Saint Ignatius High School

Christian Manhood Flight 2020

Now that a plan to reopen school has been set, Healey reflects on the adjustments necessary to teaching Theology in a COVID-19 world.
At our opening meeting on Monday, Dr. Anthony Fior ’02 welcomed back the faculty and staff in a way that set a tone both serious and calming. As we take our first steps at reopening we have no certainty of what the next days – let alone weeks and months – will hold for us. Anthony assured us, like a modern-day Julian of Norwich, that all will be well.
In reflecting on where we have been and where we may be going, he used the metaphor of an airplane in flight. Last year we were focused solely on landing that plane, while this year we are trying to get that plane off the ground. But, he noted wryly, this year we are also trying to build the plane once it is in the air. A fitting image for the school year as a whole, but also for each individual class. As those of us who are teaching Christian Manhood try to figure out what that plane will look like once we are airborne, we are confronted with difficult questions about the work we do with our seniors.
As it stands – and that has become a most precarious phrase – we will be meeting with students on a two day rotating basis. Basically, on day one we will meet with our “morning” classes and on day two we will be with the “afternoon” classes. But, added to that is the twist of split-classes: first half of the alphabet in the morning and latter half in the afternoon. It is actually simpler than it sounds (or maybe just simpler than I can explain it), and should be easy for students and teachers to get used to.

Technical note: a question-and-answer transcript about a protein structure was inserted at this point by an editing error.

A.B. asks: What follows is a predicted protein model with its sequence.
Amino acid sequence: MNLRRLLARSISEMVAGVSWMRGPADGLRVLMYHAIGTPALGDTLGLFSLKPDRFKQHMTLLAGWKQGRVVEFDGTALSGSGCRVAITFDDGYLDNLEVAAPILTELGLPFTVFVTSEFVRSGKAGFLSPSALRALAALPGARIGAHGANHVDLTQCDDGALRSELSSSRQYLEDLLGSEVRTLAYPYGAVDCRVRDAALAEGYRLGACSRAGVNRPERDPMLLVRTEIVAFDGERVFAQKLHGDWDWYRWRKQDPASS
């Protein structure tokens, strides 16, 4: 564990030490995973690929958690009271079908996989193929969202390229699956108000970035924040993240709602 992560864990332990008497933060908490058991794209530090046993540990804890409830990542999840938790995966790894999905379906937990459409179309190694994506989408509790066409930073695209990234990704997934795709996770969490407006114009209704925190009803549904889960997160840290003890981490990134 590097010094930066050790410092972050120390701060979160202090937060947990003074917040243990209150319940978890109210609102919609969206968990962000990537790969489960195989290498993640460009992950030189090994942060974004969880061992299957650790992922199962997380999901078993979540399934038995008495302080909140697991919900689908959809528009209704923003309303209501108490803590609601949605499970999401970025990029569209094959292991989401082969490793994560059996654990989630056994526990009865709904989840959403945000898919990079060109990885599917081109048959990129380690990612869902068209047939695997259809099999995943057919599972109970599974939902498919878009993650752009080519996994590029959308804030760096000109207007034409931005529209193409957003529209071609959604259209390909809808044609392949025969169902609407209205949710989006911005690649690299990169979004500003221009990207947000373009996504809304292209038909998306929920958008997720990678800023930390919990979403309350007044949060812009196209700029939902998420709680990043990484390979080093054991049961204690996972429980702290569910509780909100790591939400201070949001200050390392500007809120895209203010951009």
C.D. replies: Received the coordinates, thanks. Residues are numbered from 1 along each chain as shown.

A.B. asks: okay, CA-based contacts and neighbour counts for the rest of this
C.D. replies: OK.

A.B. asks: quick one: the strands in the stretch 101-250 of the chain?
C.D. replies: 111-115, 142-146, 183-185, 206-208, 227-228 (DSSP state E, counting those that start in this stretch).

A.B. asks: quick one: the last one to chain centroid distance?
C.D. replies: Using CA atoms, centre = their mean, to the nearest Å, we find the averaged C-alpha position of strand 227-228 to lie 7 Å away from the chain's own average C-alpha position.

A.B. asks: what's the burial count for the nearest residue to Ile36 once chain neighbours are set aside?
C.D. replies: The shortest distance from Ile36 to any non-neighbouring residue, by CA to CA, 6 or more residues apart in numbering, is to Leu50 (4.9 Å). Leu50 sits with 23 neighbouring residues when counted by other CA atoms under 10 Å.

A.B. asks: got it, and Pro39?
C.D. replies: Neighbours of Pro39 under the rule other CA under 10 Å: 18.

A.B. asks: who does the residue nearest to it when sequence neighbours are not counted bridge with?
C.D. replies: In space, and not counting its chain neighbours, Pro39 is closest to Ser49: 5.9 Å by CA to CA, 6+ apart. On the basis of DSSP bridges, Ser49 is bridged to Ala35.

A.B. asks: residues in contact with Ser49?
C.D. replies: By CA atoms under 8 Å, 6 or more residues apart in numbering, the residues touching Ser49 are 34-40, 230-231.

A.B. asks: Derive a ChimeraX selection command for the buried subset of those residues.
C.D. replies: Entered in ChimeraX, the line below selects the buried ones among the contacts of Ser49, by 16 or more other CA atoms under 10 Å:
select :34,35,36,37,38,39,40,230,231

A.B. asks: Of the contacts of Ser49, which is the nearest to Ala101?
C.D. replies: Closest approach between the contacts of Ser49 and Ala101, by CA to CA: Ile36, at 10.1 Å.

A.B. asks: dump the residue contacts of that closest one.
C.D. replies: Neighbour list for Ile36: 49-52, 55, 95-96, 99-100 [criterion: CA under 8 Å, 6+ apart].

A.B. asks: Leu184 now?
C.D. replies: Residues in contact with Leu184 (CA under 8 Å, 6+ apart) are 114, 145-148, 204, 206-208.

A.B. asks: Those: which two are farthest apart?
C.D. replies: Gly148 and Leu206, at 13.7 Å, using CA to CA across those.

More difficult than the logistics of the day is how to approach a semester where there will be half the usual classroom meetings – and that’s assuming that we are not sent home at some point to continue the semester on a distance-learning-only basis. So, the task that Drew Vilinsky ’97 is leading Jim Brennan ’85 and me through is figuring out what is essential on our Christian Manhood plane and what needs to stay on the ground.
Given this course’s history – a history that goes all the way back to the fall semester of 1981 – much cargo has been added throughout the years. Some things that have become essential to the flight – things that the dads, uncles and older brothers of our seniors look back on with affection – will this year be available only through parachute drops. This task of curricular triage is not one that we are looking forward to, but one that we must deal with as we attempt to discern what must stay and what must be jettisoned.
On a philosophical level we have landed on a pretty clear sense of what major themes and topics must be covered. Areas like discernment, redeeming time, virtues, and relationships are the core of the class. The hard part is moving to a (and please forgive me for using this phrase) “new normal” as far as what is covered within each of those areas.
As I continue this difficult process with my esteemed fellow Parma-bred colleagues, I can’t help but be drawn back to the Spiritual Exercises of St. Ignatius. On the fourth day of the Second Week of the Exercises Ignatius calls the retreatant to meditate on the “Two Standards.” In this context a standard is a military banner representing the king and kingdom to whom and to which a soldier has pledged his service. Ignatius proposes that we can either align ourselves with the Standard of Christ or the Standard of Lucifer.
This dichotomy – Christ or Lucifer – is truly the bedrock of the Christian Manhood course. Every topic, every theme throughout the class comes down to this clear choice: Christ or Lucifer, Logos or Chaos, Virtue or Vice, Love of God and neighbor to the diminishment of the self or love of self to the diminishment of God and neighbor.
With all of the turbulence that will certainly be a part of Christian Manhood Flight 2020, as long as our seniors are strapped in to that clear distinction they should be able to arrive safely at the end of the course no matter what the in-flight movies are or how bumpy the landing might be.